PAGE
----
A werewolf has recently bitten David Kessler. On the night of a full moon he is bored and roaming around his love interests apartment. As night comes “Blue Moon” begins to play and David falls to the ground and painfully transforms into a werewolf. The contrast in the calm music and the horrific turn of events transpiring make the scene somewhat humorous and completely unforgettable.

The Big Lebowski – Just Dropped In (To See What Condition My Condition Was In)
During a dream sequence The Dude envisions himself in a porno titled Gutterballs while the Kenny Rogers song “Just Dropped In (To See What Condition My Condition Was In)” plays in the background. The dream features many of the characters The Dude has come across in his neo-noir adventure however he doesn’t really gain any new knowledge from the dream.  It is a funny moment that will go through your mind whenever you hear the song.

Dr. Strangelove: Or How I Learned to Stop Worrying And Love The Bomb – We’ll Meet Again
As the atomic bombs drop and the mushroom clouds flourish the Vera Miles song “We’ll Meet Again” plays in the background. It is a moment of juxtaposing sweet farewells and fiery death. Director Stanley Kubrick truly had a dark sense of humor that translated well to film.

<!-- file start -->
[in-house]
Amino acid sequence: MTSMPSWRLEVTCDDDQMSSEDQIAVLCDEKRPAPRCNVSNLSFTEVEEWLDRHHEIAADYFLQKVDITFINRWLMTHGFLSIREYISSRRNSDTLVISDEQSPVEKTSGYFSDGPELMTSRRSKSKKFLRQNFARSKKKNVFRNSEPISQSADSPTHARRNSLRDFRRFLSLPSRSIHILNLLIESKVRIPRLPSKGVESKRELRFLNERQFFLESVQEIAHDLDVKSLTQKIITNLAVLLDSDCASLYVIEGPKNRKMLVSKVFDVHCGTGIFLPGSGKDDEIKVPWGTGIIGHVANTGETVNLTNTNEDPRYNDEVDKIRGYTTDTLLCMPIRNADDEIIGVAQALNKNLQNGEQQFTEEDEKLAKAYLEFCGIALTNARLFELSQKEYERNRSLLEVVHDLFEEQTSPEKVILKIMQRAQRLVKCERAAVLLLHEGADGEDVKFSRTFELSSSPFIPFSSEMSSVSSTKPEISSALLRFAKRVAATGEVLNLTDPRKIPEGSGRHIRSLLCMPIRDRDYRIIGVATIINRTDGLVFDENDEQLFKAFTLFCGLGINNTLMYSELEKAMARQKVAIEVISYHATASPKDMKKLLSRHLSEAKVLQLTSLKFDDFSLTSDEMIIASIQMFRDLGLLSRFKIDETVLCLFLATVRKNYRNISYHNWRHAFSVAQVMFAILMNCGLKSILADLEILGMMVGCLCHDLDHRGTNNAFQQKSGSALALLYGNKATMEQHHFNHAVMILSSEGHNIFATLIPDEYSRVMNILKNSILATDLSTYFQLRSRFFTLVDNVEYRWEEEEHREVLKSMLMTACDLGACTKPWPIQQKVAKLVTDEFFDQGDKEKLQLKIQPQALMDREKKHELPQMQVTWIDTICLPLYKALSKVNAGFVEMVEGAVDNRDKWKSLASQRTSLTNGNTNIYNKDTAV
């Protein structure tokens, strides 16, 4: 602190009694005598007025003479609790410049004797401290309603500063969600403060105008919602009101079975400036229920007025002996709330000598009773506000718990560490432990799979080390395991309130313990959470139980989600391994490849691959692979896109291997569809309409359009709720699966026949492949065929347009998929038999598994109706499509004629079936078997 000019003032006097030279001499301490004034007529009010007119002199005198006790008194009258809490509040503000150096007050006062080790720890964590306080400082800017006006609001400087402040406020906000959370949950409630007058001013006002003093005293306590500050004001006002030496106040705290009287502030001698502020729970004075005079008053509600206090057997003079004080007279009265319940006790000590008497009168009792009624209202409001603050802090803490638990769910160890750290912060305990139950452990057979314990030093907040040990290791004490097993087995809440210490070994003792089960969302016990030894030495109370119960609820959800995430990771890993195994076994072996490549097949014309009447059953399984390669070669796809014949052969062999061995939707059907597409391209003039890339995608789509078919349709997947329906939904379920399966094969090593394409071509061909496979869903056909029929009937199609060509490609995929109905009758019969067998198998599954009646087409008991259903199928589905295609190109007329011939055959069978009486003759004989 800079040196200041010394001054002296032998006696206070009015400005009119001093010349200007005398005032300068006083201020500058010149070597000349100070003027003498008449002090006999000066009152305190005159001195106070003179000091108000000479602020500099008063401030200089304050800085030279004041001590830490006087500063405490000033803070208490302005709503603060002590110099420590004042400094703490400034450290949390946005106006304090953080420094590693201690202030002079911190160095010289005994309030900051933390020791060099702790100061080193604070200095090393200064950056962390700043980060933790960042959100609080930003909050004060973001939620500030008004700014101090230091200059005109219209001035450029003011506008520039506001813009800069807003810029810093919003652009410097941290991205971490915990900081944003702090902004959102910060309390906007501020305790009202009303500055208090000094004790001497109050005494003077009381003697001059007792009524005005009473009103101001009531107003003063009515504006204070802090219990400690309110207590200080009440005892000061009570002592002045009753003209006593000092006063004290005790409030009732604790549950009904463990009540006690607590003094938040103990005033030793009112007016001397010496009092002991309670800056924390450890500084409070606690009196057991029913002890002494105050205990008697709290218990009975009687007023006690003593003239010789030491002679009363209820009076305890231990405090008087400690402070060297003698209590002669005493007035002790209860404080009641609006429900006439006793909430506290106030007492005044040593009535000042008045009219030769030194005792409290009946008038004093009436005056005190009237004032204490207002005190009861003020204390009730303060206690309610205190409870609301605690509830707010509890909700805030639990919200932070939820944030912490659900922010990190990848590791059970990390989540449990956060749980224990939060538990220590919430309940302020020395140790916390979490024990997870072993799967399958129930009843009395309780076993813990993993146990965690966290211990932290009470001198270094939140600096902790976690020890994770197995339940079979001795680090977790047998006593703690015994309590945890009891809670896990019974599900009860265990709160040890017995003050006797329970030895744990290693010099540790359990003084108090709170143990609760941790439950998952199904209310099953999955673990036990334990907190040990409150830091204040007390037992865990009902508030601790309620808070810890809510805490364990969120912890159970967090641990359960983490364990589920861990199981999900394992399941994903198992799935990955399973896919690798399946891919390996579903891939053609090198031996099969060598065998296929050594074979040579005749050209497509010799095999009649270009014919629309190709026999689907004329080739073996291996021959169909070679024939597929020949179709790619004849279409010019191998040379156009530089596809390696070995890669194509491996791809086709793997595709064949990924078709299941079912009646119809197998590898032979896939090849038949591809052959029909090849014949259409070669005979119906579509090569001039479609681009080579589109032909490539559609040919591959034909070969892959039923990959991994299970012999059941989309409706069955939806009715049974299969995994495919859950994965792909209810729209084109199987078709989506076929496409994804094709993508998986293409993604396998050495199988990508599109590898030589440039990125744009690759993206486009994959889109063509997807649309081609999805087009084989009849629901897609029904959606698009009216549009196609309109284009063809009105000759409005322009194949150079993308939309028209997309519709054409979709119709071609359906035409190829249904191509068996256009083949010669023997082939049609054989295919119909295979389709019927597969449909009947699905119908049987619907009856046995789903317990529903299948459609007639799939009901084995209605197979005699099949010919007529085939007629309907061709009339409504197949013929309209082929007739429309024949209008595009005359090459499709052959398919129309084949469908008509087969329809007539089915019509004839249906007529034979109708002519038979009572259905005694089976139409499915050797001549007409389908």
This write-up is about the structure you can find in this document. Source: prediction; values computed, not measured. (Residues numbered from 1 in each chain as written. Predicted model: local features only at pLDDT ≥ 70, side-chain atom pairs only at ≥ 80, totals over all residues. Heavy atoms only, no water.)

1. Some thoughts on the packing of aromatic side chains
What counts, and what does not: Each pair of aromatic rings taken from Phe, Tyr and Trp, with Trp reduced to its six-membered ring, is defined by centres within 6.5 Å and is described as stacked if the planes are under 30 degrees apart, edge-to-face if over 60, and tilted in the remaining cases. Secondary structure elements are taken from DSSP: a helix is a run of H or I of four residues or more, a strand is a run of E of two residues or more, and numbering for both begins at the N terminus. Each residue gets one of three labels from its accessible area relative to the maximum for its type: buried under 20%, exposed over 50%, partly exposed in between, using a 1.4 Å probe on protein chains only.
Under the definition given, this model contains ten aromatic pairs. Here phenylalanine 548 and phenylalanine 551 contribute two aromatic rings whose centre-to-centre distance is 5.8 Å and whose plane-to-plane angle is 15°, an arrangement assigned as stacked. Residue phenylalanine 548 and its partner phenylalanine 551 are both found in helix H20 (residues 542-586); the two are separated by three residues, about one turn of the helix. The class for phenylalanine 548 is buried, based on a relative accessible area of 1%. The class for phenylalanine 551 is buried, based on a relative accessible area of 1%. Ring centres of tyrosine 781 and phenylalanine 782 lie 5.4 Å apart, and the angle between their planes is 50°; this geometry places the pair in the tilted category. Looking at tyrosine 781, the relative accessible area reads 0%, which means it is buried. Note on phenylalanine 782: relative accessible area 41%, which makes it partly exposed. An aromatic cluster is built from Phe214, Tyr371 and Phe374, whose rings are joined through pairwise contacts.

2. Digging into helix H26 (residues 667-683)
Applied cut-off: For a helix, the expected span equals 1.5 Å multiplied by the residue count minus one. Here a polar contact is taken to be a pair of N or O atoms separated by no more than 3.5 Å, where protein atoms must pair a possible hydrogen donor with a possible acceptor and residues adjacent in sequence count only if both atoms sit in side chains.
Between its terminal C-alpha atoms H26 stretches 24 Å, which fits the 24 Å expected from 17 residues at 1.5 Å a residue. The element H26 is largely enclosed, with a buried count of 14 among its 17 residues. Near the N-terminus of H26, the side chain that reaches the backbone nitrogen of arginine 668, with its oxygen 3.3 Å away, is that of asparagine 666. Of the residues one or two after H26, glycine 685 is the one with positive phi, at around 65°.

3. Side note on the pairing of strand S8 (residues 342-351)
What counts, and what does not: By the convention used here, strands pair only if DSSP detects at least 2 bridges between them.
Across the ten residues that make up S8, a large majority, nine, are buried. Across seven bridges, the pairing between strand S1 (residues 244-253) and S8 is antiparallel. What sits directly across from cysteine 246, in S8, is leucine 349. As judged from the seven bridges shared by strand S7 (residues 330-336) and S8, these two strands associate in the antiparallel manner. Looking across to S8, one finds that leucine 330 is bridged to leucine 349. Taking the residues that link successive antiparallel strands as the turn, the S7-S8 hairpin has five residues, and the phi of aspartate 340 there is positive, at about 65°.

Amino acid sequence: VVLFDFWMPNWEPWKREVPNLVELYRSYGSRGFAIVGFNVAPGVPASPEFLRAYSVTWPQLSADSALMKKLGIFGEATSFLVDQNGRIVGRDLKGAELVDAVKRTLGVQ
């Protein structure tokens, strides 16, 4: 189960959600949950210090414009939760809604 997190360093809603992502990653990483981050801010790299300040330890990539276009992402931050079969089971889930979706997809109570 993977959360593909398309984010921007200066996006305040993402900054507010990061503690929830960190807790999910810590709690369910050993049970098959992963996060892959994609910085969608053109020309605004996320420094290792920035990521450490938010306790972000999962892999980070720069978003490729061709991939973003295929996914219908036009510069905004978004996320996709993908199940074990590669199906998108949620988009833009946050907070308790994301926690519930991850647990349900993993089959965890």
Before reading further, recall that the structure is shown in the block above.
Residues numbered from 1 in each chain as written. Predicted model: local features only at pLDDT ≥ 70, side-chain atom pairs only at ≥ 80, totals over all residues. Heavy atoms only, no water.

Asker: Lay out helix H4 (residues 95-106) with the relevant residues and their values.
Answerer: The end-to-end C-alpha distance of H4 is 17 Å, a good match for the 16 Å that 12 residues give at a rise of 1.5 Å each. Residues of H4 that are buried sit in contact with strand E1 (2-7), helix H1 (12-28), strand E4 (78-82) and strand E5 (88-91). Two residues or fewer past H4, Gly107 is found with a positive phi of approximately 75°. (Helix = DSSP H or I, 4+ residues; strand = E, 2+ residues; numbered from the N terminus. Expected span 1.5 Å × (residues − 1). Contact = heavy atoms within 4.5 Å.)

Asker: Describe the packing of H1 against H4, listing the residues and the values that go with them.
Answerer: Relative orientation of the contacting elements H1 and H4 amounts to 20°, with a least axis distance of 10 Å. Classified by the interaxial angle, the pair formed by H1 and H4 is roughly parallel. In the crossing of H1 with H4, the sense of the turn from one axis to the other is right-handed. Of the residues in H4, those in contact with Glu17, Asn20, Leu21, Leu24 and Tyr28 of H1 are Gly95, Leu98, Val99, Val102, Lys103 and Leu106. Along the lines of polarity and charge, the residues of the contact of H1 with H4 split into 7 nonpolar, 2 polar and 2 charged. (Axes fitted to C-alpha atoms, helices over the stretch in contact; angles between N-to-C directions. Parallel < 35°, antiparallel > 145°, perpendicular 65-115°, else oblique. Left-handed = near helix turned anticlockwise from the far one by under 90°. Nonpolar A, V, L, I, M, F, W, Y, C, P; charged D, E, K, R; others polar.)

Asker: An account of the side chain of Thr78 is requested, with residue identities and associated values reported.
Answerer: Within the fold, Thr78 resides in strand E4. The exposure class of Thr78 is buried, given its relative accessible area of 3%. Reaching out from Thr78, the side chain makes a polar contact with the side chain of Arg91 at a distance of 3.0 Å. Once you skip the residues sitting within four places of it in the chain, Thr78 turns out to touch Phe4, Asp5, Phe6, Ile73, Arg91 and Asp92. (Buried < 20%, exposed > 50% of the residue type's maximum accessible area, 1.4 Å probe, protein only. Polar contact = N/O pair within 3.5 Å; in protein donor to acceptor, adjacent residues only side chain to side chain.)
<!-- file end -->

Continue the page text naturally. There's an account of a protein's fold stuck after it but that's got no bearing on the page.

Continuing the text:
Many movies have notable songs that stick in the public consciousness.  These songs have an almost mnemonic ability to remind us of the movies. Perhaps that is the power of the film to cement that into our memory. Even so it has lead to greatly entertaining hours of joy, fear, sadness, and anger as we can to connect the songs with these stories. Hopefully, there will be many more great moments to come in future films.

Saturday, August 1, 2015

Vacation (2015) – review

Normally comedic movies get a pass from a lot of my criticism since comedy, as a genre itself, is incredibly subjective. Vacation, considers itself to be apart of a beloved franchise and wants to appear to stand-alone. It fails on both counts. The characters are grating and unlikable and the writing is stale and lifeless.